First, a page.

The name sounds somewhat cold and diabolical, but the sound was quite inviting. Machined from a full solid slab of aluminum (FSS aluminum), this was the first time that the CRM reference monitors ($8000/pair) and prototype fully active CRS subs ($12,000) were played at a show. You'll note from the photo that, for height's sake, the CRM sits atop the not-auditioned CRG compact reference grand. The CRM has 84dB sensitivity and an impedance of 8 ohms, a response that extends from 45Hz to 20kHz, and claims a "technologically far ahead" crossover.
I was delighted to discover that AudioPrism, originators of the infamous green pen (aka the AudioPrism CD Stoplight), is still in business. For newbies who do not know about the green pen, Collett and those who reviewed it shook skeptics to the core when they declared that painting the edge of CDs with the green pen lowered digital edge and improved data retrieval. The backlash was tremendous. Then Krell began bathing its CD tray in green light, some people found that green-tinted CD-Rs and then black discs sounded better, CD mats with green undersides made a demonstrable improvement in sound, and the skepticism was transferred to the next tweak on the horizon.
Audioquest's Joe Harley showed off a system using Ayre electronics and Vienna Acoustics speakers, whose lovely midrange and easy-on-the-ears presentation was made possible by Audioquest Sky interconnects, Meteor Flat Rock Series speaker cable, Energy 100 power cords, and the new top-of-the-line Diamond USB cable (the latter shown in the photo with Harley). All of these cables, including the USB, utilize Audioquest's DBS dielectric bias system to keep the cables at peak capability 24 hours a day. (A FireWire cable is in development).
Boulder-based retailer Blu Note Design had a passive display in the Marriott's loby, but its active room on the second floor of the Tower was debuting the Avalon Transcendent speaker ($15,000/pair). One of my best sounds at the Show, the 2-way, 3-driver speakers were being driven by a Jeff Rowland Design Group 625 amplifier, a Jeff Rowland Corus preamp, an Ayre C-5XEmp disc player and QB-9 DAC, with Cardas Clear cabling.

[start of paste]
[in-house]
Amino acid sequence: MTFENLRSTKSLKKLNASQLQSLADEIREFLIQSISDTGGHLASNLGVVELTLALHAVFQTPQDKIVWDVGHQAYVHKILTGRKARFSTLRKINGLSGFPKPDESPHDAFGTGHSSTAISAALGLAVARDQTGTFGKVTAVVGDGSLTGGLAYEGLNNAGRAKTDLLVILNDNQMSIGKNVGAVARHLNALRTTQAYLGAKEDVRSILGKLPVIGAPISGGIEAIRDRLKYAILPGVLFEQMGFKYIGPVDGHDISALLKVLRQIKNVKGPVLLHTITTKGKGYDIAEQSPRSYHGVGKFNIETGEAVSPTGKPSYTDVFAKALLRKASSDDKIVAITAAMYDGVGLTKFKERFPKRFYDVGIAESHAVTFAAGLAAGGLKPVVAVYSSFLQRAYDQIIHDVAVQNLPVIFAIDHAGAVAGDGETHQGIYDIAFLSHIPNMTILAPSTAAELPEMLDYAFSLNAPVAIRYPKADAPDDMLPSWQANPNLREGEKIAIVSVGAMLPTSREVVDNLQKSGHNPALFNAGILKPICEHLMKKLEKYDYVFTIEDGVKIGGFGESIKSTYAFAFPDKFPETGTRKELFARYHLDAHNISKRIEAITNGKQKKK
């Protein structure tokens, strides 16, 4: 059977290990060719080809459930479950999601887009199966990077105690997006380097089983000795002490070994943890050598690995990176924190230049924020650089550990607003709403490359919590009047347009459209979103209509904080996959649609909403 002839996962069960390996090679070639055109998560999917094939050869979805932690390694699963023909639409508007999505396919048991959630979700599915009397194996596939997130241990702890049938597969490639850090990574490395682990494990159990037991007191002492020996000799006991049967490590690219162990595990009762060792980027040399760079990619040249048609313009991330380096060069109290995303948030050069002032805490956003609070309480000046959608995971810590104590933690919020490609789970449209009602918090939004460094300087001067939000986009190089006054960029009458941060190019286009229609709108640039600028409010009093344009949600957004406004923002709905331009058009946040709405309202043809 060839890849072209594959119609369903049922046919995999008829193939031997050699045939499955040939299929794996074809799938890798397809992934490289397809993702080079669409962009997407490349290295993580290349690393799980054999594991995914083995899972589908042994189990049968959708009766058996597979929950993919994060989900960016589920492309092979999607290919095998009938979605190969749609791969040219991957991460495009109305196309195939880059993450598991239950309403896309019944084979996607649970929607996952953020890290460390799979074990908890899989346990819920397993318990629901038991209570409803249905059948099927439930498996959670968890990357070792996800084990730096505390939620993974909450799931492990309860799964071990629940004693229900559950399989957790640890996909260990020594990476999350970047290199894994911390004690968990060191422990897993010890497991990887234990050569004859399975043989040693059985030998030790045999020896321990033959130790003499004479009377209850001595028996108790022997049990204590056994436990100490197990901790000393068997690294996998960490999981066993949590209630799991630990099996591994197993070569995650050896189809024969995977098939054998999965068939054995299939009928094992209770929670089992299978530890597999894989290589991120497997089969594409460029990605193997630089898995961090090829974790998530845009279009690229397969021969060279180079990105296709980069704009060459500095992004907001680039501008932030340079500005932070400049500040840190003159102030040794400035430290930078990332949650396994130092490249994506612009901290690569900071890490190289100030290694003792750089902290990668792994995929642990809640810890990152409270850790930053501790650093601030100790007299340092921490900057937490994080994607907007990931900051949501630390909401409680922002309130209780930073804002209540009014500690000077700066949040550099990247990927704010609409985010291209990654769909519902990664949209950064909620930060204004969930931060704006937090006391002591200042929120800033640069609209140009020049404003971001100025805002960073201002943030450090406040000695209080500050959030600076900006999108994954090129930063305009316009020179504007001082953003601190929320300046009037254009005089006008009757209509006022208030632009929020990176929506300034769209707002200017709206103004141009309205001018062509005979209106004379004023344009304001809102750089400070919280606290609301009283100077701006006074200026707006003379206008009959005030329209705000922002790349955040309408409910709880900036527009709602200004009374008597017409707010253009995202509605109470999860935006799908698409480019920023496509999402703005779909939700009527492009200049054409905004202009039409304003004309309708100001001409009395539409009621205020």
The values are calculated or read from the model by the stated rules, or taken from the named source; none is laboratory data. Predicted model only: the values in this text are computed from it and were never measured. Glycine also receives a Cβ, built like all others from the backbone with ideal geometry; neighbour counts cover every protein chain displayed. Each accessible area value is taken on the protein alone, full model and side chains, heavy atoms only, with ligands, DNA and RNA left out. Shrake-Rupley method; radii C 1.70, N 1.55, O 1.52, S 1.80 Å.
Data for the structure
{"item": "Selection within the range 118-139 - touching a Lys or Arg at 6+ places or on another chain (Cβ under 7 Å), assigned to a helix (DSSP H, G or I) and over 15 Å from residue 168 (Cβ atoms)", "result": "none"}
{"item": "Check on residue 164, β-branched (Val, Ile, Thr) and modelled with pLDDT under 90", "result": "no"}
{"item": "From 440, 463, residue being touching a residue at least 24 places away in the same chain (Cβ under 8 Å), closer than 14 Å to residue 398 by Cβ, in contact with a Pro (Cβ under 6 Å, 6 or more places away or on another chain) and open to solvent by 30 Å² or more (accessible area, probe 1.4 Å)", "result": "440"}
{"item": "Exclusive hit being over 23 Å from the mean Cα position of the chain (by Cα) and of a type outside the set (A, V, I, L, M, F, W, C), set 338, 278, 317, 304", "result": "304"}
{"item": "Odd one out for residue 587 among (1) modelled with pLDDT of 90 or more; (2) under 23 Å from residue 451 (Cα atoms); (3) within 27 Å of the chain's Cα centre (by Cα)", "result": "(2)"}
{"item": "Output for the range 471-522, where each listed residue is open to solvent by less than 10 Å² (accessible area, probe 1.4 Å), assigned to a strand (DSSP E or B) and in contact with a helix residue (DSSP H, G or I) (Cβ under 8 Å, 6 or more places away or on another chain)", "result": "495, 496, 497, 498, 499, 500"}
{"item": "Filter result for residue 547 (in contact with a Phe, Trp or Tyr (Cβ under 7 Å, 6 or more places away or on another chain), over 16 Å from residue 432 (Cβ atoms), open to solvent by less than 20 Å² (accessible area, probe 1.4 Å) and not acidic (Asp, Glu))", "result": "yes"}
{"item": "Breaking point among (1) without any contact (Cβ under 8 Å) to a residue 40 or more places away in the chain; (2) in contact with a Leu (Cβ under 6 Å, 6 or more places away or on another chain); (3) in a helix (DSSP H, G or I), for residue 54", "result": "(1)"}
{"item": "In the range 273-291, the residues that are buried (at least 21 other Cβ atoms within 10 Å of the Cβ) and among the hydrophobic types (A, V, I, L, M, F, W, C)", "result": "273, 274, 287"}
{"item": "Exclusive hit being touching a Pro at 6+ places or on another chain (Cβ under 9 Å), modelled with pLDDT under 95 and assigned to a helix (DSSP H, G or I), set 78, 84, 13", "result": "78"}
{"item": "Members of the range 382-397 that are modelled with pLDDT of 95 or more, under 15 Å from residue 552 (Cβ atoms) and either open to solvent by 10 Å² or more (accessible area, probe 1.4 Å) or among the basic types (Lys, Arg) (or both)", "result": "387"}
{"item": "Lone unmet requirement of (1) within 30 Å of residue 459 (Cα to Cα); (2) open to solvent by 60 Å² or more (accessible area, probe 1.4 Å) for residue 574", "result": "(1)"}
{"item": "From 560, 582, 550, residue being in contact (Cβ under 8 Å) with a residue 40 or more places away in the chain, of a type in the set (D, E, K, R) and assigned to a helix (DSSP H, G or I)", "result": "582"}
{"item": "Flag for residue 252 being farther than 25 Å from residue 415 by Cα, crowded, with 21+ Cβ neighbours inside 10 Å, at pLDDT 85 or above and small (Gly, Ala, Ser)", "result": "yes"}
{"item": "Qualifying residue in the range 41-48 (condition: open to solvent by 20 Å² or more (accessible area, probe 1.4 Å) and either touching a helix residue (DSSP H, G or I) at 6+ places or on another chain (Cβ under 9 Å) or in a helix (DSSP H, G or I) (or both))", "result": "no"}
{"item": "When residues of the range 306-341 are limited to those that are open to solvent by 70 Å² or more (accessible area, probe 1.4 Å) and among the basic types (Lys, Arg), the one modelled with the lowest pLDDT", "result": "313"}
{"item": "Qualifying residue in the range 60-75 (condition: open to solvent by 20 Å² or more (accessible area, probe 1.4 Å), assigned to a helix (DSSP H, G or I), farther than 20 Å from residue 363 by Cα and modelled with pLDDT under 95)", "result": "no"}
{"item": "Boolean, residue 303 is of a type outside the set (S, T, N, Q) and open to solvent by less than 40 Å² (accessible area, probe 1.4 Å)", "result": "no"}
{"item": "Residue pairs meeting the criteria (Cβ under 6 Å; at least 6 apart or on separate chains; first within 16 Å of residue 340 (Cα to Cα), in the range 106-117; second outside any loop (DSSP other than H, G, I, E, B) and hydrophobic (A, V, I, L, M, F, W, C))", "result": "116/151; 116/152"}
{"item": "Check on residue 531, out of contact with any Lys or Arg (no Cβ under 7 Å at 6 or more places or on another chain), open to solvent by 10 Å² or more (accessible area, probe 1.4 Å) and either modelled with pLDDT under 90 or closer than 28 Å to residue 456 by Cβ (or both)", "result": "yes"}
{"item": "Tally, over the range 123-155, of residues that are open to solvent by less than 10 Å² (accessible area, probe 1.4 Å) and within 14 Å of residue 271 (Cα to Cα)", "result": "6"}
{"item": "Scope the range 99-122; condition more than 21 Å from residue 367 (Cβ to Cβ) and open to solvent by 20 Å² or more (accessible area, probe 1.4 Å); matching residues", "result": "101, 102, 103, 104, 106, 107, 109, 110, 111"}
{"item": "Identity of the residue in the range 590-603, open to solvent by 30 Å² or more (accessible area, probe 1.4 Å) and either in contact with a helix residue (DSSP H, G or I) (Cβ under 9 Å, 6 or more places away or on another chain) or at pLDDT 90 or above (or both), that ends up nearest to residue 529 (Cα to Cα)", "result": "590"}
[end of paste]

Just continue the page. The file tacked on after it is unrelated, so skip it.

In his Avatar Acoustics room, Darren Censullo put together a system featuring a Feickert Analogue Blackbird turntable ($7495) with Feickert’s DFA 10.5 tonearm ($1000) and Lyra Kleos cartridge (review to come from Michael Fremer), Abbingdon Music Research (AMR) CD-77.1 CD player ($10,995), AMR PH-77 phono preamp ($11,995, recently reviewed by Michael Fremer and John Atkinson), and AMR AM-77.1 integrated amplifier ($9995). Speaker cables, interconnects, and power cords were Acoustic System International’s LiveLine ($995/1m interconnect; $2100/2.4m cable; $1195/1.8m power cord). The gear was supported by an Acoustic System 3-shelf rack ($3500) and Acoustic System International Top Line feet ($750). Power distribution came from an Avatar Acoustics Mach 4 ($1995) and Avatar Acoustics Afterburner 8 wall outlet ($80). Acoustic System International Resonators were carefully placed around the perimeter of the room, near where the walls met the ceiling.
It was awesome to see the limited edition Dynaudio Sapphire, cloaked in a stunning clear blue piano lacquer over a veneer of bird’s eye maple. The sound was just as fine: cymbals and horns had a natural bite, without edge or glare, blooming and blooming and blooming into the room.
Philip Bamberg's Bamberg Audio was playing the Series 5 TMW ($8800/pair) and displaying the Steries 2 TMM ($4800/pair) when I entered. The 5 is a 3-way design with a 375W active woofer, parametric EQ, and separate monitor. It is said to descend flat to 25Hz, and down to 18Hz 6dB.
The pairing of Benchmark Audio and Studio Electric Loudspeakers had a new face, the Studio Electric Monitor ($2295/pair, or $2450/pair with handsome retro custom grill). With a frequency response of 44Hz22kHz (±4 dB), the 6 ohm impedance two-way offers 87dB sensitivity. The sound was impressive and musical, inviting extended listening.